Queen City Clay’s Pot of Gold

The Norwood studio and shop makes room for everyone with plenty of space for galleries, classrooms, and retail space.
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Photograph by Thomas Jordan Photography

Inside a low, sprawling, 50,000-square-foot white brick building in Norwood lies the United States’s largest education facility for clay. There are pottery wheels, kilns, and clay mixers. There are shelves and shelves of materials: tools, glazes, clay. There’s workshop space and retail space, storage and classrooms. Professionals, hobbyists, and students alike can work on wheel throwing, handbuilding, and pottery painting here. This is Queen City Clay.

Photograph by Thomas Jordan Photography

The studio has called this Norwood facility home since 2020. Previously located on Wasson Road in Hyde Park, Queen City Clay (QCC) started out as Annie’s Mud Pie Shop 6 years ago. The then-owner, Annie Swantko, had been in an accident, and she turned to clay as therapy for her hands.

Photograph by Thomas Jordan Photography

QCC’s current co-owner, Ben Clark, found Annie’s in the phone book when he moved to Cincinnati in 2004. “Annie’s was the biggest studio I’d ever seen,” Clark says. “I begged her to let me teach for her and mix clay—whatever she needed.” Annie’s changed hands—and names—more than once, but Clark has been a constant, teaching advanced classes the whole time. He bought the business in 2016 and gave the space its current name.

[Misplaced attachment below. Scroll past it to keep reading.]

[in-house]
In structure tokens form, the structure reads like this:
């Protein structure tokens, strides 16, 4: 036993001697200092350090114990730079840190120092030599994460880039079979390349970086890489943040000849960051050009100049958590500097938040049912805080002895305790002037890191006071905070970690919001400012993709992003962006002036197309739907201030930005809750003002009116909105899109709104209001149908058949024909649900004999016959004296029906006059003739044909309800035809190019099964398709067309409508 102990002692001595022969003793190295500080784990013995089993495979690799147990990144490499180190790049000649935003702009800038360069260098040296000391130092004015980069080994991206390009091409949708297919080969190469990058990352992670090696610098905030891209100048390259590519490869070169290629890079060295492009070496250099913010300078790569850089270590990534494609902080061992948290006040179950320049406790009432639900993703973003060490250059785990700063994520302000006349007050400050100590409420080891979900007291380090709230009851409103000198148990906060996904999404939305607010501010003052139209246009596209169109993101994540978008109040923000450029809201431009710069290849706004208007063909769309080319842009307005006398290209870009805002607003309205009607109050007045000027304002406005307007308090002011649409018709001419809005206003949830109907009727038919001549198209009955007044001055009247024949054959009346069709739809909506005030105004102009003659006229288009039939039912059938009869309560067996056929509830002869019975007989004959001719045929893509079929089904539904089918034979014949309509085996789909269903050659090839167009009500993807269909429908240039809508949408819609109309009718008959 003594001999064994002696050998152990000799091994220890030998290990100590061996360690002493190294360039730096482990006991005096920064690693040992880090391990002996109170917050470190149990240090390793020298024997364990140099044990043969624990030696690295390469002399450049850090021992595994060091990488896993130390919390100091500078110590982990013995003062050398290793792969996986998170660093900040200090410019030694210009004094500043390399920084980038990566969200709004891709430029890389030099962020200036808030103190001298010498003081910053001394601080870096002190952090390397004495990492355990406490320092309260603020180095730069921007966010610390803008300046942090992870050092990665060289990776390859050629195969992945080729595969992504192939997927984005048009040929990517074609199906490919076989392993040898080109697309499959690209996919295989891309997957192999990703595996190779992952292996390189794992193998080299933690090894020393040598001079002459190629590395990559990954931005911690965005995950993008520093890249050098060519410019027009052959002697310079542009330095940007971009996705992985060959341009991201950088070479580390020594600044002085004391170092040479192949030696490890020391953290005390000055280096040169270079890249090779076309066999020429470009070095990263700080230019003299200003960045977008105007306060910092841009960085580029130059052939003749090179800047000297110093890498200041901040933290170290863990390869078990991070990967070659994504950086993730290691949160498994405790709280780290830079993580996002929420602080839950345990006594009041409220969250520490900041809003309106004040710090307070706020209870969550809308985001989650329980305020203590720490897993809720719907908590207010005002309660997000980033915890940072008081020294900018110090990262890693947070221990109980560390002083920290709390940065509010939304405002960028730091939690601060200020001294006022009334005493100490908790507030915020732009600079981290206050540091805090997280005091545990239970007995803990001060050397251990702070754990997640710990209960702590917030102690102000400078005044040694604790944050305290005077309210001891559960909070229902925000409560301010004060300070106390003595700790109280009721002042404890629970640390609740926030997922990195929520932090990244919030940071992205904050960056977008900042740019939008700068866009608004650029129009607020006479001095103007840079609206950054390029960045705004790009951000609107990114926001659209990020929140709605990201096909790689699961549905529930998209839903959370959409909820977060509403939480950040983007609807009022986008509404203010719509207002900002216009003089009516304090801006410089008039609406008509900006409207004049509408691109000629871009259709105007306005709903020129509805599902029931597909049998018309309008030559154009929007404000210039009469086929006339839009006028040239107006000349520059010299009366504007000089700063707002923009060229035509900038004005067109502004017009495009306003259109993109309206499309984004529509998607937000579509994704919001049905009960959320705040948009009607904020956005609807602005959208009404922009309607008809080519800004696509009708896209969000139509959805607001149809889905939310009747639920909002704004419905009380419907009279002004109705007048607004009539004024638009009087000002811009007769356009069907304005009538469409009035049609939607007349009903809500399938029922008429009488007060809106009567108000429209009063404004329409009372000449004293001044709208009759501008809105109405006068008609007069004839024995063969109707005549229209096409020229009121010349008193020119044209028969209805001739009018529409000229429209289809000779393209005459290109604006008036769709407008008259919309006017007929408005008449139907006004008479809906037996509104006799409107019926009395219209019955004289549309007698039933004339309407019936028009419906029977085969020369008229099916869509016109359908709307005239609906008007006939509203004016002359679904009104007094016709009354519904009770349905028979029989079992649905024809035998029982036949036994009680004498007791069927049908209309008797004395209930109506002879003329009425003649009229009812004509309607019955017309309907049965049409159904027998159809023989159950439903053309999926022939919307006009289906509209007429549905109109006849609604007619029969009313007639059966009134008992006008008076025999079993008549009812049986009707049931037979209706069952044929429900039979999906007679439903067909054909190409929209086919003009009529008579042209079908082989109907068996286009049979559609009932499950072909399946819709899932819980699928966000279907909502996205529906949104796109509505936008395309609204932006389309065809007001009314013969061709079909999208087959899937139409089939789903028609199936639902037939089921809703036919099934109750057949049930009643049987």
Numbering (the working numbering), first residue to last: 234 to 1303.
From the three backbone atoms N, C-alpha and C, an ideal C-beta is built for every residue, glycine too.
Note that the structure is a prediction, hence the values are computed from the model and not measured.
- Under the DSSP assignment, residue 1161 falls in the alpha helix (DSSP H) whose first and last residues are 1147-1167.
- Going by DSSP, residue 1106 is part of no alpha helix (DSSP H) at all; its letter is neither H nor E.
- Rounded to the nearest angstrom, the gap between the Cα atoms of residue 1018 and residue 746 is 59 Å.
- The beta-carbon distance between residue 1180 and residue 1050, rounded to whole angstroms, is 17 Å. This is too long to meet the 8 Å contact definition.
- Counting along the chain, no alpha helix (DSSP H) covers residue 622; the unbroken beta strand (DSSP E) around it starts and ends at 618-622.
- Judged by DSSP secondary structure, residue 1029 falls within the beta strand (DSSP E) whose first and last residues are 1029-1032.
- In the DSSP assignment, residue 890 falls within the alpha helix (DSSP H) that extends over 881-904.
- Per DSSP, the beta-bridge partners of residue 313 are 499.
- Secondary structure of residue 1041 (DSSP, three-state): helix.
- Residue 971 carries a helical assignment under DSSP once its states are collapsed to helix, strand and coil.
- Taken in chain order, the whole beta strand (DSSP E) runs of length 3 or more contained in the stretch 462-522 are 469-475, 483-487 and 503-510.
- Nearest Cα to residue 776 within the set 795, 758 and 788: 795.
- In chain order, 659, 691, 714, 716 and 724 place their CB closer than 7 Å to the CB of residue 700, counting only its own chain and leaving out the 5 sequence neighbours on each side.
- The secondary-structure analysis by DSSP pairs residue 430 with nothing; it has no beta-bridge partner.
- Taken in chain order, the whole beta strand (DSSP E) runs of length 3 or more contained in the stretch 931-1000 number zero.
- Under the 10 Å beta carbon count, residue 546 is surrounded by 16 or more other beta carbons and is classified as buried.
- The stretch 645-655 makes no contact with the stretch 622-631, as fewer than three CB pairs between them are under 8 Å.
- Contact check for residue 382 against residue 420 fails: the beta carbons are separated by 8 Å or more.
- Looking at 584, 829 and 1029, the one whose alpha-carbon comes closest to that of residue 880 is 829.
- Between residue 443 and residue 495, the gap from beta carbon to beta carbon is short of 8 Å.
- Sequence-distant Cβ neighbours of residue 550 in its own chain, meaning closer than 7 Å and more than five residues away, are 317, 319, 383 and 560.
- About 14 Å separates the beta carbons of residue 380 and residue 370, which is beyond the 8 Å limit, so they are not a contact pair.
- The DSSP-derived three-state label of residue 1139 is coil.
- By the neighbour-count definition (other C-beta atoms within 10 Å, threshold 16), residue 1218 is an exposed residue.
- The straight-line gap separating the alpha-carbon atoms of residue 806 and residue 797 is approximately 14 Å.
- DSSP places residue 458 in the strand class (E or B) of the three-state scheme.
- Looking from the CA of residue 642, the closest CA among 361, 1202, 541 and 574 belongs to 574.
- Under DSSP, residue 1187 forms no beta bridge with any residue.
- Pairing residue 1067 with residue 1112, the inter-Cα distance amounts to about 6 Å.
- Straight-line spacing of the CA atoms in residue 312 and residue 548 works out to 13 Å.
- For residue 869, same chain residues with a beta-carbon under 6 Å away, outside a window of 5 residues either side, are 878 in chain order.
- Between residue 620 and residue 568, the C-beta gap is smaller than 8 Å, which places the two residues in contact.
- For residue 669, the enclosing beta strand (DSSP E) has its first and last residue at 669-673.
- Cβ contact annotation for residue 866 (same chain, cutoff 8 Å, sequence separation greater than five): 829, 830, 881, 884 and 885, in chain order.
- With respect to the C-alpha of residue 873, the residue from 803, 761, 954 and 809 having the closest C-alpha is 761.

While Clark has a background in pottery, his résumé is, well, varied. His bachelor’s degree is in creative writing. He worked for Founders Brewing Company and coached gymnastics. He was a professional jump-roper who began competing in sixth grade. He attended his first world championship competition in Hungary during his sophomore year of high school. He won. Two years later, he went to his second world championship, in Sydney, Australia. He won that, too.

Photograph by Thomas Jordan Photography

What he loves about jumping rope isn’t all that different than what he loves about pottery: Both connect people. And there’s that wow factor.

“When people see someone do flips and crazy tricks with a rope or in double Dutch, it’s very similar to the reaction people give when you’re making a large pot out of clay,” Clark says. “The clay moves in such a crazy way on the wheel that it seems like magic.” Similarly, teaching a kid to work on the wheel is as much of a confidence booster as teaching jump rope tricks. “I guess I’m addicted to making people happy.”

Queen City Clay, 2760 Highland Ave., Norwood, (513) 871-2529

Photograph by Thomas Jordan Photography

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